Premier League football match

What Is Playing Advantage in Football?

Once upon a time, a defender could commit an offence – be it a scything foul on an attacker or a deliberate handball – that prevented a promising forward move and give themselves a pat on the pack, knowing that what they’d done had been beneficial to their team.

But in a bid to minimise the amount of gamesmanship in football, the sport’s law-makers came up with a new initiative – the advantage rule – that would enable referees to allow the play to continue if the attacking side still had a chance to fashion a goalscoring opportunity despite being on the receiving end of an offence. And, so ‘playing advantage’ was born.

What Is the Advantage Rule in Football?

Although an unwritten rule, to some extent, the advantage law allows referees the discretion to not blow their whistle to signal a foul, handball or other misdemeanour if the attacking team remain in an advantageous position anyway.

When the ref is happy to play advantage, you will see them raise their arms to shoulder height in the direction that the attacking team is shooting towards – signalling that there is no stoppage and the players should continue as normal. Although the official has the freedom to decide when to allow play to continue via the advantage rule, they should only do so when three boxes are ticked:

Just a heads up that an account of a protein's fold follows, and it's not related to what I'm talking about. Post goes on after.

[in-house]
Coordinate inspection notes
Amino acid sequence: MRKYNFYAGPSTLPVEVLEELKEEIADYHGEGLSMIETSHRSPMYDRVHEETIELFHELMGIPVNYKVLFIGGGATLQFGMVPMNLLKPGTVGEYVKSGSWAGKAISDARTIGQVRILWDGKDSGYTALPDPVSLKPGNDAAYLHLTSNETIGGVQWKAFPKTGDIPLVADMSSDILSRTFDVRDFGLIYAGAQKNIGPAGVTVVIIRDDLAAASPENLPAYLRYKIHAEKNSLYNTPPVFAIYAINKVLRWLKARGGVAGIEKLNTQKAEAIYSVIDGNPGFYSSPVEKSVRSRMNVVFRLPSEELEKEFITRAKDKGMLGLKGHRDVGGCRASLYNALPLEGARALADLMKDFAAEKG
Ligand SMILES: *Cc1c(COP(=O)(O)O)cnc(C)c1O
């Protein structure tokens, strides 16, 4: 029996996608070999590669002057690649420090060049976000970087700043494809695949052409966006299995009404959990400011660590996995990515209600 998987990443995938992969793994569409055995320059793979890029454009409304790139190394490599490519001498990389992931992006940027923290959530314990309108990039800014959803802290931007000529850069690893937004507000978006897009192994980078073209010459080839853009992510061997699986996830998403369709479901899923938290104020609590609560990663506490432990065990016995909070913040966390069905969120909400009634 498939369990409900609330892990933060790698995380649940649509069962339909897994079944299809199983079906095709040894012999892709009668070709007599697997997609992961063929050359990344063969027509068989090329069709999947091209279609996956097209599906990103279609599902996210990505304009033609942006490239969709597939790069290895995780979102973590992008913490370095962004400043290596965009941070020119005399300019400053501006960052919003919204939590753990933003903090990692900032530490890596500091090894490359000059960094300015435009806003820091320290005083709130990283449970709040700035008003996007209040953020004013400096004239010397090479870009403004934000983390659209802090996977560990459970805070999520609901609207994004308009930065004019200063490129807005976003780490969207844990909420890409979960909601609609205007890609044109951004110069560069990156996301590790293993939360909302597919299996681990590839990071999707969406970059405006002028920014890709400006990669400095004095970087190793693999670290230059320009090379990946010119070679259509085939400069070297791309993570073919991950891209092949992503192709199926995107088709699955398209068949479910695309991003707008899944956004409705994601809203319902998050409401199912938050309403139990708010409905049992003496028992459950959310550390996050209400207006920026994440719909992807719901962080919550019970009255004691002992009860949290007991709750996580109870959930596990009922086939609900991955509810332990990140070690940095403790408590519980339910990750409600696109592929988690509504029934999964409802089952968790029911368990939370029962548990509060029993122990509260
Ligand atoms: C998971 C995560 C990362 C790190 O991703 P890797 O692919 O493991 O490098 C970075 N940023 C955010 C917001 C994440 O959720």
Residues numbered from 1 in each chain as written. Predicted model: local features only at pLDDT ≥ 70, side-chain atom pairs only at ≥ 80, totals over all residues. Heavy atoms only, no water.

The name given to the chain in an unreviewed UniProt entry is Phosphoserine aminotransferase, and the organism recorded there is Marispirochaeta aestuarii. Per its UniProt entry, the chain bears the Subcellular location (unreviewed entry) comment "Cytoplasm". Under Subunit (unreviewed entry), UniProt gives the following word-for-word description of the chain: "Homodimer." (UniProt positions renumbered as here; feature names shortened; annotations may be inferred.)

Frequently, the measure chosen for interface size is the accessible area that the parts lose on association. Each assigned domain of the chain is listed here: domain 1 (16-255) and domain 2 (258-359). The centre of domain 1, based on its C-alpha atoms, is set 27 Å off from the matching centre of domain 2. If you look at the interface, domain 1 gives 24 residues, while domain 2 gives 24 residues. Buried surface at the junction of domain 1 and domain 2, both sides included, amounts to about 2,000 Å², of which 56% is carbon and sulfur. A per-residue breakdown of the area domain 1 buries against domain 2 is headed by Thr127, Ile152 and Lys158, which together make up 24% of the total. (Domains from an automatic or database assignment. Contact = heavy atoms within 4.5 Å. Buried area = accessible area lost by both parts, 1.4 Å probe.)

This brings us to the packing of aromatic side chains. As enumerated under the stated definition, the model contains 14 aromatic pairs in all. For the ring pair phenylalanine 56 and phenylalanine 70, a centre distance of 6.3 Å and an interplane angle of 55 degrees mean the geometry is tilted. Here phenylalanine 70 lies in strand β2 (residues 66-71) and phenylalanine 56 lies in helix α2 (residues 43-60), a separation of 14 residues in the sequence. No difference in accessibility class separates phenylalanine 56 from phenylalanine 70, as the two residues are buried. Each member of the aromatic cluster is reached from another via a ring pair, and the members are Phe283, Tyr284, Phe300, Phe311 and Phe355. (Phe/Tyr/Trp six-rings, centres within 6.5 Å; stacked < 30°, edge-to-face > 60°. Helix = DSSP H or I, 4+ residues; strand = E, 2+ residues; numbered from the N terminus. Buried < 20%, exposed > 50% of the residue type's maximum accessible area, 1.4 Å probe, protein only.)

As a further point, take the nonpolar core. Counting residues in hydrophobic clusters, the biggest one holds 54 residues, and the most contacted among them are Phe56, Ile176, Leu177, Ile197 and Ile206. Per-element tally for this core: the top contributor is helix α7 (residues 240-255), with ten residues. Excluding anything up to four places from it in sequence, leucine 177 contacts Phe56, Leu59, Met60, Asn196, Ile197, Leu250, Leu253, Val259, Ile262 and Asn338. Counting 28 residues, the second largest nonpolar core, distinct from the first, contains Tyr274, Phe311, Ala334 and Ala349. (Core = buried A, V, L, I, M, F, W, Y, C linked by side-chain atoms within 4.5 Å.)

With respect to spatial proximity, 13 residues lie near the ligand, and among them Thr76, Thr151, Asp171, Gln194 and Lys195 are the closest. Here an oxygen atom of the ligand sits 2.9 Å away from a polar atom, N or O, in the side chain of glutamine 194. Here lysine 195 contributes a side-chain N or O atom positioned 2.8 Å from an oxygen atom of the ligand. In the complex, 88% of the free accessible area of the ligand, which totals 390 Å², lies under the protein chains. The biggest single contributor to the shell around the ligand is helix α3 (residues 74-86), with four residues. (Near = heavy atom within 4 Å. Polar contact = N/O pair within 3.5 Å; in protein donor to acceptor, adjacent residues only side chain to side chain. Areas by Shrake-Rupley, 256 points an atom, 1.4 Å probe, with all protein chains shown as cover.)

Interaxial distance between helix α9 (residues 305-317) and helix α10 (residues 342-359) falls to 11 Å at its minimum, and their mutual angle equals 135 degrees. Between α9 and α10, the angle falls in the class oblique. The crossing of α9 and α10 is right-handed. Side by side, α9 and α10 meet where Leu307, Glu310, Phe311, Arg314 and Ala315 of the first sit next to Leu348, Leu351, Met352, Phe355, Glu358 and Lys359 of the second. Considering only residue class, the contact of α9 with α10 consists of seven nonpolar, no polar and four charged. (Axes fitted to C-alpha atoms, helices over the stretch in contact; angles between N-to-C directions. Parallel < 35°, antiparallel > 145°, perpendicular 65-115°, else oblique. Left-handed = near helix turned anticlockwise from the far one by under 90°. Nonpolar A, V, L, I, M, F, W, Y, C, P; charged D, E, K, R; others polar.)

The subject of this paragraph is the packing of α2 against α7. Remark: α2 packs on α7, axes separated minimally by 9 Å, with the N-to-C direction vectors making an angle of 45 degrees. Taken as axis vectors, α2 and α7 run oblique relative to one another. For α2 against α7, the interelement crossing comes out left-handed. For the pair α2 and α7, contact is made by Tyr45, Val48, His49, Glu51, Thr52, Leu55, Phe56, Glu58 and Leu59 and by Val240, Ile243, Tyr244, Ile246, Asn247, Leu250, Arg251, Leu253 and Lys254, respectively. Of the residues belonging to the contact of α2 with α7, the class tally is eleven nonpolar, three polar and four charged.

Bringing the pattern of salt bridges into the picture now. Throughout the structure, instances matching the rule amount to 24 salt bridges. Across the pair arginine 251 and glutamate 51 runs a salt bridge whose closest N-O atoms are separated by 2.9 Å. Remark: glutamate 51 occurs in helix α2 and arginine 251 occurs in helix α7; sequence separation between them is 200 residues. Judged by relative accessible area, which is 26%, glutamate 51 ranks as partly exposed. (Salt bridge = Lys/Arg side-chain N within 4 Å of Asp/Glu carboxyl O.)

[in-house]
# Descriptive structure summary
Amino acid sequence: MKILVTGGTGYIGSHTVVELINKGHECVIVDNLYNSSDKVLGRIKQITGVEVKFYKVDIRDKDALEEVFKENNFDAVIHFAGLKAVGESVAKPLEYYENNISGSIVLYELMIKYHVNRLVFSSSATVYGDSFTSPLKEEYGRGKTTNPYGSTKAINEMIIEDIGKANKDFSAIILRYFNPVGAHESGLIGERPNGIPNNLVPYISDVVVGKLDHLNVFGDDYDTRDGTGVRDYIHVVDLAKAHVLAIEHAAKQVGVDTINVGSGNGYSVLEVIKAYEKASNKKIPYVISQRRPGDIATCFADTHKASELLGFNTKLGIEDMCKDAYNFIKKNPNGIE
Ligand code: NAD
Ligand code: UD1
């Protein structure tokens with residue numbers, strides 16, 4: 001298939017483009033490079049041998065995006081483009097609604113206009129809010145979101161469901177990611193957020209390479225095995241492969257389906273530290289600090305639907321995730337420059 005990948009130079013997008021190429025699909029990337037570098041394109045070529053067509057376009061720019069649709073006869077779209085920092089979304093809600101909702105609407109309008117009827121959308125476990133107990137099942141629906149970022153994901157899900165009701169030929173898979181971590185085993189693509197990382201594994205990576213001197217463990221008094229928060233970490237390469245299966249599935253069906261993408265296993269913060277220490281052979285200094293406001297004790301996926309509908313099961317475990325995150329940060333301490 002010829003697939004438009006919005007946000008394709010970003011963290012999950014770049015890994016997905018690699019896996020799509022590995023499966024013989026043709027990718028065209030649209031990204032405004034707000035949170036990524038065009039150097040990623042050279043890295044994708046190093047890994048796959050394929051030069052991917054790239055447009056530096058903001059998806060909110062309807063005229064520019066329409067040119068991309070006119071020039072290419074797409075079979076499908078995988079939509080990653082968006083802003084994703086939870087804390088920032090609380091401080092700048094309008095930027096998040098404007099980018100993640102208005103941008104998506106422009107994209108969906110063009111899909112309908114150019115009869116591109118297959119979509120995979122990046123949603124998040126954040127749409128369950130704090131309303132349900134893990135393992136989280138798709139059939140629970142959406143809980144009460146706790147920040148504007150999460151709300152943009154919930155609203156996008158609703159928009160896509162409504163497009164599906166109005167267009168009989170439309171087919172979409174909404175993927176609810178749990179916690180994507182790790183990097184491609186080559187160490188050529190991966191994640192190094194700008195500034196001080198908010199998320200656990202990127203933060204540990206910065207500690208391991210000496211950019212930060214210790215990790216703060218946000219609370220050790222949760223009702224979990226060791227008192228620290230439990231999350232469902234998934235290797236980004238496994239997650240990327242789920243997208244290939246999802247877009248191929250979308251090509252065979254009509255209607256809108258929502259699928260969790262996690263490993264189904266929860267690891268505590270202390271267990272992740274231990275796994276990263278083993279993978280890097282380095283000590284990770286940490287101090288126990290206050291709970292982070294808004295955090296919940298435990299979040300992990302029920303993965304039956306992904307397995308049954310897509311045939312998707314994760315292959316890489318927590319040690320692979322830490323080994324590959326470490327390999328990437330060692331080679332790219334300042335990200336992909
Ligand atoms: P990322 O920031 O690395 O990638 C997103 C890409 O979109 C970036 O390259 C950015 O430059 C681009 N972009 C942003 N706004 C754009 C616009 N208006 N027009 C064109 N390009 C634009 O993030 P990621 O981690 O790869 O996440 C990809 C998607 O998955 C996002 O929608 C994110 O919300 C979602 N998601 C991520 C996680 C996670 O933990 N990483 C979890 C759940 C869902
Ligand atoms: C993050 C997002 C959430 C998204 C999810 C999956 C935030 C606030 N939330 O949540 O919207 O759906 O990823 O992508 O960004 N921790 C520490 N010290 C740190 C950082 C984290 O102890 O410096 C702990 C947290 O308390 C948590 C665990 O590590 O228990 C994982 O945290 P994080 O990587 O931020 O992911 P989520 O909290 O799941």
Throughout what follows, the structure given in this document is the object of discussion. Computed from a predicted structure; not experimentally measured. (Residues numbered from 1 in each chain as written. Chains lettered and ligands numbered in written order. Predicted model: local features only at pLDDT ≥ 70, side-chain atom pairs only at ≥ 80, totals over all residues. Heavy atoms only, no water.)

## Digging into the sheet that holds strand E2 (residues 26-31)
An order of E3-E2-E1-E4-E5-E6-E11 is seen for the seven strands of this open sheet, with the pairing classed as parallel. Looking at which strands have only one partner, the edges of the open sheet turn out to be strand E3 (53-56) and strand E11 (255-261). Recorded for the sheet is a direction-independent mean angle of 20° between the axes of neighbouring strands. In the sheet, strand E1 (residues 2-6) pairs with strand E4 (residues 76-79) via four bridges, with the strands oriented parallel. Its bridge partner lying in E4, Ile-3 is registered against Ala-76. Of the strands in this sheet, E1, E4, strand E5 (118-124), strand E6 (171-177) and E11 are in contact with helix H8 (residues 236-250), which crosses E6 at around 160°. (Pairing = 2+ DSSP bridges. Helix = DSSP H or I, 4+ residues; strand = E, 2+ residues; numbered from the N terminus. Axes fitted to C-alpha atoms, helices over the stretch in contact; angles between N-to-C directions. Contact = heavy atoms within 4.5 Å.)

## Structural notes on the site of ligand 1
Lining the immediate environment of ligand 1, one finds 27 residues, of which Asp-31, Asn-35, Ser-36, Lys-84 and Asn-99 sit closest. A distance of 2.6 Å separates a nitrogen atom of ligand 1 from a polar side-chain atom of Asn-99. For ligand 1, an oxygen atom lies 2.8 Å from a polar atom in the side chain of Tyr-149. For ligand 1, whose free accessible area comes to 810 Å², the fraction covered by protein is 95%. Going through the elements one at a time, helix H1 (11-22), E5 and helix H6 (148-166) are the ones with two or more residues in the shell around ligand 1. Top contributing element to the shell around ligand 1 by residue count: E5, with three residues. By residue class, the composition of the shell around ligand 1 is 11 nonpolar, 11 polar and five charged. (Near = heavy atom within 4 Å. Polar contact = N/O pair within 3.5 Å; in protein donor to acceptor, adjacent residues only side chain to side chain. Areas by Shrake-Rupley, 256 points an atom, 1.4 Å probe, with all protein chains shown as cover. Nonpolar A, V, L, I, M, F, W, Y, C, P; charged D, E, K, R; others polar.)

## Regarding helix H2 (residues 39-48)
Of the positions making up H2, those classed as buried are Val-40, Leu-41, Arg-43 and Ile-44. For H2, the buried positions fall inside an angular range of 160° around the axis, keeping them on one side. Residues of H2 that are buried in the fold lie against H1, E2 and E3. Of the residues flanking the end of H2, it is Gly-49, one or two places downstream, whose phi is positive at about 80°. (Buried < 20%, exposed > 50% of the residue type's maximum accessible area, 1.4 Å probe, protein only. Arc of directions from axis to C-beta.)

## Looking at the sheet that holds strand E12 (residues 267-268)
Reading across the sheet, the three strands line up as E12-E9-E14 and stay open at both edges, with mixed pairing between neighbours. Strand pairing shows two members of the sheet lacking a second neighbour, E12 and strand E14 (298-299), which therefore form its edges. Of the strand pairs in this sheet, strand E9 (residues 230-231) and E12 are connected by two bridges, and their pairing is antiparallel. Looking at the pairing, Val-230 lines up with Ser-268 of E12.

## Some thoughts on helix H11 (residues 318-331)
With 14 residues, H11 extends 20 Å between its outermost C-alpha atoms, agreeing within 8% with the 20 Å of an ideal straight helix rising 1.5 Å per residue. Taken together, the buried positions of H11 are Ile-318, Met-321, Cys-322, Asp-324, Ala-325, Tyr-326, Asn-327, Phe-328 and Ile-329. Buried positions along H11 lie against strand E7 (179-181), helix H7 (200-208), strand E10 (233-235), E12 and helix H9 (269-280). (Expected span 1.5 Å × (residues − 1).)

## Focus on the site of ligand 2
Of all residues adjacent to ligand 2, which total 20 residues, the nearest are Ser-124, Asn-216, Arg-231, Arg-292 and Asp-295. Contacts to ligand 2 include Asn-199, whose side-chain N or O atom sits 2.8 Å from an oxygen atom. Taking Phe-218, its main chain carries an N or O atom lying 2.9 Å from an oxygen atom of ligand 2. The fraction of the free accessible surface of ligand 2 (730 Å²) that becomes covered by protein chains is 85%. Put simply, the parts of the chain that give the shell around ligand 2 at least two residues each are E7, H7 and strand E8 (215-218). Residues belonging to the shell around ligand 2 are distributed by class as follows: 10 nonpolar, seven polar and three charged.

• The attacking team has a clear advantage and would not be better served with a free kick
  • When no player on the pitch has suffered a serious injury
  • When playing advantage would exacerbate a situation (e.g. if one or more players has lost their temper then stopping the game would perhaps be smarter)

If these three criteria are satisfied, the referee then has to decide very quickly whether the attacking team would rather have the advantage played or a free kick awarded – the latter being more likely if the infringement takes place within shooting range of the opposition’s goal.

These split-second decisions are particularly tough for a referee – see the 2006 Champions League final, when Arsenal goalkeeper, Jens Lehmann, brought down Barcelona forward, Samuel Eto’o. The ball rolled on to Ludovic Giuly, who tapped it into the empty net, but the ref had already blown for the foul, as opposed to playing advantage, so the goal didn’t stand while Lehmann was, as per the letter of the law, sent off.

Then there are other times, like in the Old Firm derby of 2020/21 between Celtic and Rangers, where the referee handles the moment perfectly:

If a team is close to their own goal or lacking any advantage from the infringement whatsoever, the referee will often blow for the free kick instead of allowing play to go on – that minimises the risk of the side in question conceding a goal after the ref had given them a so-called advantage.

Can a Yellow Card Be Shown After Advantage is Played?

Yellow carded
Yellow carded (Øyvind Andreassen /